Aetna To Reduce Role In Health Care Exchanges

Aetna, one of the United States’ largestHHhh, announced Monday that it will dramatically reduce its presence in health care exchanges across the country. After the cutbacks, the company will sell insurance on public marketplaces in just four states.

The online healthcare exchanges, meant to make it easier for customers to buy insurance with help from public subsidies, were a centerpiece of the Affordable Care Act. That law, passed in 2010, is one of President Obama’s signature achievements.

Coverage first became available on the marketplaces in 2013. Although the exchanges’ initial rollout on the Department of Health and Human Services’ platform was rocky, 11 million Americans are currently covered by health insurance purchased through the health care exchanges. Of that 11 million, 85 percent receive public subsidies in the form of tax credits that help them afford the insurance.

However, insurers have complained that low-income individuals with significant health problems are buying the cheapest plans offered on the exchanges and then incurring high medical costs that make it impossible for insurers to turn a profit.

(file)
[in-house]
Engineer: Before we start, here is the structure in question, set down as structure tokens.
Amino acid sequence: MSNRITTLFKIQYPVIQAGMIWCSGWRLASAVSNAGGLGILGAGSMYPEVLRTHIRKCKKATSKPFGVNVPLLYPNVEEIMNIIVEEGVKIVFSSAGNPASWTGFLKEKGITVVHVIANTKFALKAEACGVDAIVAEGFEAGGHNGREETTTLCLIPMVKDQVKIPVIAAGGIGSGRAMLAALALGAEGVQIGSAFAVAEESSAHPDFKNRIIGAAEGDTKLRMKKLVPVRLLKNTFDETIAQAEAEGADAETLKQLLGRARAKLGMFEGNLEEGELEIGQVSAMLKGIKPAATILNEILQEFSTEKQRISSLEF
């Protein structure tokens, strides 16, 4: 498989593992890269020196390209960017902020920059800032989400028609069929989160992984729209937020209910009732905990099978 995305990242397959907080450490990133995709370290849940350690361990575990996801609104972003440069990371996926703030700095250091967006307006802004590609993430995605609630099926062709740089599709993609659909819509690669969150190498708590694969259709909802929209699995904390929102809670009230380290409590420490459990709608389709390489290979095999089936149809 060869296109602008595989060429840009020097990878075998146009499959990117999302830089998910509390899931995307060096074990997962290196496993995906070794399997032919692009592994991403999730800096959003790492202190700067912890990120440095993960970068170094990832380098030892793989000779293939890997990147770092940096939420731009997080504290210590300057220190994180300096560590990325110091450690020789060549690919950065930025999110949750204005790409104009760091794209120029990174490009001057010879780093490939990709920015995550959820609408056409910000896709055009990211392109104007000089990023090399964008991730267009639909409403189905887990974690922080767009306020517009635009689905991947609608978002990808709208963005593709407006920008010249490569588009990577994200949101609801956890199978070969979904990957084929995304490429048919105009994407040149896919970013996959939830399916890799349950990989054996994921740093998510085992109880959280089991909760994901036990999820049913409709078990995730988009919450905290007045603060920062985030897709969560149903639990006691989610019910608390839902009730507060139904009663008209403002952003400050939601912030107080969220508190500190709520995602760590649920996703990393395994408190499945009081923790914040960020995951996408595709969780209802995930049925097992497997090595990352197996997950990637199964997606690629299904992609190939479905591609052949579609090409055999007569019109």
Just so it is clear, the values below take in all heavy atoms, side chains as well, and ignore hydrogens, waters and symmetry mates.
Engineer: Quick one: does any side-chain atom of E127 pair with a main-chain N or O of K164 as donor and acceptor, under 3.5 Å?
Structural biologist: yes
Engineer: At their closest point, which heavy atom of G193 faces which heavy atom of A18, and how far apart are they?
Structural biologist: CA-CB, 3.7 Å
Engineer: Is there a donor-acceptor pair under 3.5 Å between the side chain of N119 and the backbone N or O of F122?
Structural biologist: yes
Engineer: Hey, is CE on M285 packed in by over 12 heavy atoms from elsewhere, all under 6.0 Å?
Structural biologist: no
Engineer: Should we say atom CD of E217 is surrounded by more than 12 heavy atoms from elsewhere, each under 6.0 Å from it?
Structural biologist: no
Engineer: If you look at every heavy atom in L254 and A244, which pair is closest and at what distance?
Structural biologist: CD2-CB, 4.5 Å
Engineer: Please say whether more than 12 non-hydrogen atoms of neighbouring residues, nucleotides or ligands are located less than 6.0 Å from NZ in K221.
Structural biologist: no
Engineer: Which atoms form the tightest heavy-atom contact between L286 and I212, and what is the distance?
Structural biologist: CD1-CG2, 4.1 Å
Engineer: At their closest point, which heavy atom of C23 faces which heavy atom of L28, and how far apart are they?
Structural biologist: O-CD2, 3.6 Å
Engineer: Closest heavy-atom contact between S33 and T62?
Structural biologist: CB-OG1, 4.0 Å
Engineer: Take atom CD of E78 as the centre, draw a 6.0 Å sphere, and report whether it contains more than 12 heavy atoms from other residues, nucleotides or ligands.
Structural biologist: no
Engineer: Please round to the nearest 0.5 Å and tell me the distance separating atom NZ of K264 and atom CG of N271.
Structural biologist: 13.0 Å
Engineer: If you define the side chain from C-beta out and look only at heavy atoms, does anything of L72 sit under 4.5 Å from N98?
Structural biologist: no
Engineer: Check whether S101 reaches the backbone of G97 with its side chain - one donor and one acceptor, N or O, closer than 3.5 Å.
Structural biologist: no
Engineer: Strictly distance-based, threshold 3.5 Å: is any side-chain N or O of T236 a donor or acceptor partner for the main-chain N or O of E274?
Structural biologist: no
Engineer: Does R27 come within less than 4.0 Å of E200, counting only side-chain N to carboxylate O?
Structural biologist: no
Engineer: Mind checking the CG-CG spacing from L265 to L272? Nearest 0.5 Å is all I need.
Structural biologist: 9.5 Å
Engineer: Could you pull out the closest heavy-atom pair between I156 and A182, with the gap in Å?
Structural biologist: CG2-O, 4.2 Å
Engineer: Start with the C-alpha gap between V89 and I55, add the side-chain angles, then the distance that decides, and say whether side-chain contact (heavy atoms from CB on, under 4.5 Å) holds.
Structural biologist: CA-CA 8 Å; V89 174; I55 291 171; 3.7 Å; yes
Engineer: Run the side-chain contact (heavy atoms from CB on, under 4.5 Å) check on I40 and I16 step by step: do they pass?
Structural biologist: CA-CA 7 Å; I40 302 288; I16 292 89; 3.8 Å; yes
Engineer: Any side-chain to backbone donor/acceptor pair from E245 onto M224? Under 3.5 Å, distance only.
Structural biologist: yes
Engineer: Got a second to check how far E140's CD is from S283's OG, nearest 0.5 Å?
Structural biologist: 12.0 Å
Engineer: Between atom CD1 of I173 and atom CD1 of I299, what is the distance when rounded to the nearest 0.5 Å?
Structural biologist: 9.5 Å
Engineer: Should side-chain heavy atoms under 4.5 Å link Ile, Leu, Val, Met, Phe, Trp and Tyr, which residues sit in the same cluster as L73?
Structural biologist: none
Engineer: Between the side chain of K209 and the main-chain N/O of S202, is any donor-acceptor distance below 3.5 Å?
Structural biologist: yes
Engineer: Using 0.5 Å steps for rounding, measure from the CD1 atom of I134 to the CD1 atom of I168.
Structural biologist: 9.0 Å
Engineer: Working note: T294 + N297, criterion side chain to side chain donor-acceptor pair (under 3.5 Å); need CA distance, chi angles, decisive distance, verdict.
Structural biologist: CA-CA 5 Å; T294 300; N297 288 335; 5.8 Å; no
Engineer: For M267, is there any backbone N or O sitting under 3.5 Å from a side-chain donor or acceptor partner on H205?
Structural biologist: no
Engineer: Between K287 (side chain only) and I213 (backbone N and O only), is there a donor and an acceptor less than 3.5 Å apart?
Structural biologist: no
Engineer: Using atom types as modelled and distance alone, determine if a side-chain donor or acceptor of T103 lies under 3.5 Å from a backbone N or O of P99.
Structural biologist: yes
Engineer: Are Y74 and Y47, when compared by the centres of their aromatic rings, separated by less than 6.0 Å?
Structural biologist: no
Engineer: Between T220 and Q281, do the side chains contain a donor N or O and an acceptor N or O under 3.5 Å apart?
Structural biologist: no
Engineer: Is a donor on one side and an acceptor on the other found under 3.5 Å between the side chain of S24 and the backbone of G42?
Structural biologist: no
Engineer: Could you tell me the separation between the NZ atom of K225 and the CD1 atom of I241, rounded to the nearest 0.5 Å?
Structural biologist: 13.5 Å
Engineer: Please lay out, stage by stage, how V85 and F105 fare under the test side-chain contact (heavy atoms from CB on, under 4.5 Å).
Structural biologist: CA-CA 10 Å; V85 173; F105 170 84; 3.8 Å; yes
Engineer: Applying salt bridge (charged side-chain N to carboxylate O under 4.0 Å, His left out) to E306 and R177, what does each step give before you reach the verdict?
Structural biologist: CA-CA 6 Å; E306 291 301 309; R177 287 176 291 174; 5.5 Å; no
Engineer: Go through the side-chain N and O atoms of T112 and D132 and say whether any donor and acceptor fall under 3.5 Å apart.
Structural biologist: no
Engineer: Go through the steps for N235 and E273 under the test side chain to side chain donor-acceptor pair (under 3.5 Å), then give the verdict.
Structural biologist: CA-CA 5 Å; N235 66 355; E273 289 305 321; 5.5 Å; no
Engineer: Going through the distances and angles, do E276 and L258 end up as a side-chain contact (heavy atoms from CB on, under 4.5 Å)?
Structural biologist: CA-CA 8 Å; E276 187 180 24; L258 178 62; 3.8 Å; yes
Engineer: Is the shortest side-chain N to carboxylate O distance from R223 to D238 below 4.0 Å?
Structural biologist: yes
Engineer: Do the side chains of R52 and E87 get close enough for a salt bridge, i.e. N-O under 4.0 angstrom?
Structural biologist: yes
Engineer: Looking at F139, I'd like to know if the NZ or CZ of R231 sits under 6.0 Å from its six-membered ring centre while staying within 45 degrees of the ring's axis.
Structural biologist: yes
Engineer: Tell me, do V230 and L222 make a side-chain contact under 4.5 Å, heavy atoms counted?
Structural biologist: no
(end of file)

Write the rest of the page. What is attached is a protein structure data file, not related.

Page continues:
Under the 2010 health care law, insurers are no longer allowed to reject customers with pre-existing medical conditions. This has made it harder for insurers to control costs; in its announcement that it was withdrawing from many exchanges, Aetna noted that “individuals in need of high-cost care” made up a disproportionate number of its exchange customers.

With Monday’s announcement, Aetna will withdraw from two-thirds of the 778 counties where it now offers coverage on the health care exchanges. The company noted that it will remain active in the markets in Delaware, Iowa, Nebraska, and Virginia.

Aetna’s announcement comes after several other large insurers, including UnitedHealth and Humana, announced similar plans to reduce their offerings on the exchange. As in those earlier instances, the Obama administration reacted angrily to Monday’s announcement.

According to The New York Times, administration officials suggested Aetna’s decision was motivated by revenge after the Department of Justice filed suit last months to block Aetna’s proposed acquisition of Humana on antitrust grounds.

Senator Elizabeth Warren (D-Mass.) made a similar argument, accusing Aetna of using the health of the American people as a “bargaining chip” in the antitrust dispute.